In order to get an organic reaction to proceed at an appreciable rate, it is usually necessary to heat it. Direct heating of reactants usually leads to decomposition rather than reaction and a product that resembles asphalt rather than a clear colorless liquid or pretty white crystals. So the reactants are usually dissolved in a solvent, even sometimes when the reactants are liquids. The reaction temperature is then the boiling point of the solvent. However, since prolonged heating will simply boil off the solvent, there must be some means of returning the solvent vapor to the reaction flask. This is done by attaching a water-cooled condenser to the reaction flask. Then as the solvent boils, the vapor strikes the cooled walls of the condenser, is condensed and returns to the reaction flask. This process is called heating under reflux and is shown in Figure 3.
Figure 3: Reflux
The apparatus is assembled by clamping the reaction flask to the ring stand, leaving enough room to place a heating mantle, as in the distillations discussed previously. Add the reactants, a boiling chip or magnetic stir bar and the condenser. If a magnetic stir bar is used, don not use an iron ring to hold the heating mantle. The heating mantle is held in place by the electric stirrer. The water flows in the bottom of the condenser and out the top. Make sure the water is flowing in the condenser before turning on the heating mantle. As before, the heating mantle is connected to a voltage regulator. The voltage regulator is set to provide a gentle, constant boiling. V Separation of Non-miscible Liquids:
Since a great many organic liquids are virtually insoluble in water (the lower molecular weight alcohols and acids are exceptions), one often encounters a situation where there are two liquid phases: an organic phase and an aqueous phase. If inorganic compounds have been used, water is useful to remove them, since inorganic reagents are frequently ionic and ionic compounds are more soluble in water than the less polar organic liquids. If an acid catalyst is used, a basic aqueous wash is used to remove the acid after the reaction has finished. However, it is necessary to separate the two phases afterwards. This is accomplished with a separatory funnel, Figure 4.
Figure 4: Separatory Funnel
When washing an organic solution with water or an aqueous solution, both solutions are placed in the separatory funnel, which should be no more than 2/3 to 3/4 full. Stopper the flask and hold the stopper in place with one hand, holding the stopcock with the other. Your lab instructor will demonstrate the proper technique. Holding the stopper firmly in place, tip the funnel so that the stopcock end is pointing up and vent the funnel by opening the stopcock. Make sure the funnel isn't pointed at anyone. Close the stopcock. Shake the funnel 2 or 3 times, invert and vent. Repeat this procedure several times. Replace the funnel on the ring, remove the stopper and allow the layers to separate. The bottom layer is drawn off through the stopcock. When the top layer is removed, it is poured out the top. Be sure the stopper is not on the funnel when the liquid drains through the stopcock. It is a good idea to keep all layers in labeled flasks until you are sure you have your product.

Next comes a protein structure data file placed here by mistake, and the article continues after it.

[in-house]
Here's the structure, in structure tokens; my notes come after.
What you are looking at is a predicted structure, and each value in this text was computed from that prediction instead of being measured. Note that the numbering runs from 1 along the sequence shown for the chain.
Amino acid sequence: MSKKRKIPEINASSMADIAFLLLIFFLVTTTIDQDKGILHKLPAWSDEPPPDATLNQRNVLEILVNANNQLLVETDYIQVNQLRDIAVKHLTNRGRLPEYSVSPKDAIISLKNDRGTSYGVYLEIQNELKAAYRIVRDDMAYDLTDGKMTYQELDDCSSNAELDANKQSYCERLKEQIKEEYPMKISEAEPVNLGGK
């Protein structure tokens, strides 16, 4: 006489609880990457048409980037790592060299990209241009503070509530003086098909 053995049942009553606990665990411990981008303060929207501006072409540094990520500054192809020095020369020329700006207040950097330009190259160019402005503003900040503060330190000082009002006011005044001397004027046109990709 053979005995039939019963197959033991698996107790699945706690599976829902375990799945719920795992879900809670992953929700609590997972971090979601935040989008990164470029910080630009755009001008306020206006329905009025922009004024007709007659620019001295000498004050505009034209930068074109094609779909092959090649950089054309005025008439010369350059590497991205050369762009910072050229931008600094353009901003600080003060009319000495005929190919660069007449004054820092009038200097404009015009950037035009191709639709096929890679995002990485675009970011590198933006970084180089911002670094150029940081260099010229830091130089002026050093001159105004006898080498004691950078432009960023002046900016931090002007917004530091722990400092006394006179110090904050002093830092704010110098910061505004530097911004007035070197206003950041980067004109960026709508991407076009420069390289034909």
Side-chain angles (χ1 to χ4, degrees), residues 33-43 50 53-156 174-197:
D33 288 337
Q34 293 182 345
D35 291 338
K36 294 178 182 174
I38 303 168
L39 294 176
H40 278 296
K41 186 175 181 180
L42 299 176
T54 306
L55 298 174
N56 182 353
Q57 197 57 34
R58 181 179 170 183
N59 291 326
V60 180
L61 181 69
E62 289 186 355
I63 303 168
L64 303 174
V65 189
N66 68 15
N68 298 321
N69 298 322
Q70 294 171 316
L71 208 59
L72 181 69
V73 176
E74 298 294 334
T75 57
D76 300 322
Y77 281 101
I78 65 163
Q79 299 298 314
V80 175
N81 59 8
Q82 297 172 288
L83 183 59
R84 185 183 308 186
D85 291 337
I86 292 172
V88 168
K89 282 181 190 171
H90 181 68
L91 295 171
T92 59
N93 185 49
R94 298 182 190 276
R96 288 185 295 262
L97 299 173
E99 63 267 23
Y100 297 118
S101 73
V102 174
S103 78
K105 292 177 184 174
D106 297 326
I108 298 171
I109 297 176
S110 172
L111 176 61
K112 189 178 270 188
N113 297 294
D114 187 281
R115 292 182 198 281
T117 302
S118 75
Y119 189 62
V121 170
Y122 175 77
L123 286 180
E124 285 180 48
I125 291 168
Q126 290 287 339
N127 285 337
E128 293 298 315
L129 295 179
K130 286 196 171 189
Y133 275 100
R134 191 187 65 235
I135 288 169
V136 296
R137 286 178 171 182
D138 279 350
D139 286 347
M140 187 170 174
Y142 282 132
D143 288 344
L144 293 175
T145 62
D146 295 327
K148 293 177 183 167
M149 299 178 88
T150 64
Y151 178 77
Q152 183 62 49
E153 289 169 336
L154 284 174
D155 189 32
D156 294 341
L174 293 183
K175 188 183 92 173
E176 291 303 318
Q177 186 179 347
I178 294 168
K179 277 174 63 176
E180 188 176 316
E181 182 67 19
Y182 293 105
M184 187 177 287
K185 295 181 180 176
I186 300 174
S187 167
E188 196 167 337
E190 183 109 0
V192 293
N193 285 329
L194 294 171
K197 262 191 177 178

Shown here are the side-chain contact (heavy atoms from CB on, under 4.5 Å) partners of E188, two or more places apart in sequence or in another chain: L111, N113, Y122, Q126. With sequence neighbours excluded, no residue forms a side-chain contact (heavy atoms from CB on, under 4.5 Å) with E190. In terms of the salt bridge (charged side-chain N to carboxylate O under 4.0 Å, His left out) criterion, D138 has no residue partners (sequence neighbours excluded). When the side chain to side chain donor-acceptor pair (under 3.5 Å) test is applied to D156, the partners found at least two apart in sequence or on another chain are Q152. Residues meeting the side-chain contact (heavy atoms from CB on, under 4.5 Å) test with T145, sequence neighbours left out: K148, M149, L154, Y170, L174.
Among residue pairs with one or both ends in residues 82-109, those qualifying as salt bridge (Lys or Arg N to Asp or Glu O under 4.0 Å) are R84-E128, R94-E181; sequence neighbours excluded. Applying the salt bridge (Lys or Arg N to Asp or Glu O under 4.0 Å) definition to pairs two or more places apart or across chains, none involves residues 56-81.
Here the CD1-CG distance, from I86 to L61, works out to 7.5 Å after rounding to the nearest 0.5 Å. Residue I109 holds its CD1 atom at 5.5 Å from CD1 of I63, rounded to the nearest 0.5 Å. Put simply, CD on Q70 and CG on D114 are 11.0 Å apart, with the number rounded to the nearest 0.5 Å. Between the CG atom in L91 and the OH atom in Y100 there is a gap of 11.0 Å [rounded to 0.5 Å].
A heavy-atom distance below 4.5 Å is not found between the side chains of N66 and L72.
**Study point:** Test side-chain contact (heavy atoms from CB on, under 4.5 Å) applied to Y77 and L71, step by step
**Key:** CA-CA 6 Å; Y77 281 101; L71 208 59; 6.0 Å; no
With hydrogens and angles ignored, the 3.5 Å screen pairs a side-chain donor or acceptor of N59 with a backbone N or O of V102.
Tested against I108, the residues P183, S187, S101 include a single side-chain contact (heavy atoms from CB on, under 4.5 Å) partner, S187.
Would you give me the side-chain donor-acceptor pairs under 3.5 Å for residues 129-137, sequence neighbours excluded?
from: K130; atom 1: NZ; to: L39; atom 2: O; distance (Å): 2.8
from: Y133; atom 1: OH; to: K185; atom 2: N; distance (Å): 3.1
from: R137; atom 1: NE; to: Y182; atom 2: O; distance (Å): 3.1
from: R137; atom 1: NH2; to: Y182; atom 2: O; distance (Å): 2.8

VI Filtration Techniques For rapid filtration of impurities from a concentrated solution, use hot gravity filtration. This involves filtering through a fluted filter paper in a funnel set in a beaker set on a hot plate. The beaker should contain a small amount of solvent (Figure 5). For isolation of crystals from a cold solution, use suction filtration. In suction filtration, a heavy-walled flask with a side-arm is clamped to a ringstand. It is fitted with a rubber adapter in the mouth of the flask. A Buchner funnel is placed in the adapter. A Buchner funnel is a porcelain funnel with a perforated disk sealed inside. A piece of precut filter paper that just fits inside and covers all the holes in the disk is placed in the funnel. The side arm is attached with rubber tubing to a vacuum source and the vacuum turned on to full. The filter paper is moistened with the same solvent as the one containing the crystals to be filtered. The solution with the crystals is poured rapidly into the funnel. The crystals are washed with small amounts of cold solvent (Figure 6).
Figure 5: Hot gravity filtration
Figure 6: Suction filtration
VII. Melting Point Determination:
The boiling point of a liquid is used both to characterize it and as a measure of its purity. The melting point of a solid is used in the same way. For a liquid, the boiling point can be measured as the purification process, distillation, takes place; for a solid, the purification process, crystallization, and the melting point determination are separate procedures. A pure crystalline organic compound has a sharp melting point; i.e., it melts over a small range in temperature, 0.5' - 1.0 oC. Soluble impurities lower the melting point and increase the range over which the solid melts. The melting point is determined by heating a small amount of the solid slowly in a special apparatus equipped with a heating element and a magnifying eyepiece for observing the crystals. Two temperatures are recorded: the first is the temperature where the first drop of liquid is observed in the crystals. The second is the temperature when the last crystals melt. When a melting point range is reported, these two temperatures are the values given. It is important to heat slowly to maintain equilibrium. If you heat too quickly, the melting point will be low, with a large range, not because the material is impure but because the heating occurs faster than the system can record it. A heating rate of about 2 oC/min in the range of the melting point should be used.
Figure 7 : Melting Point Apparatus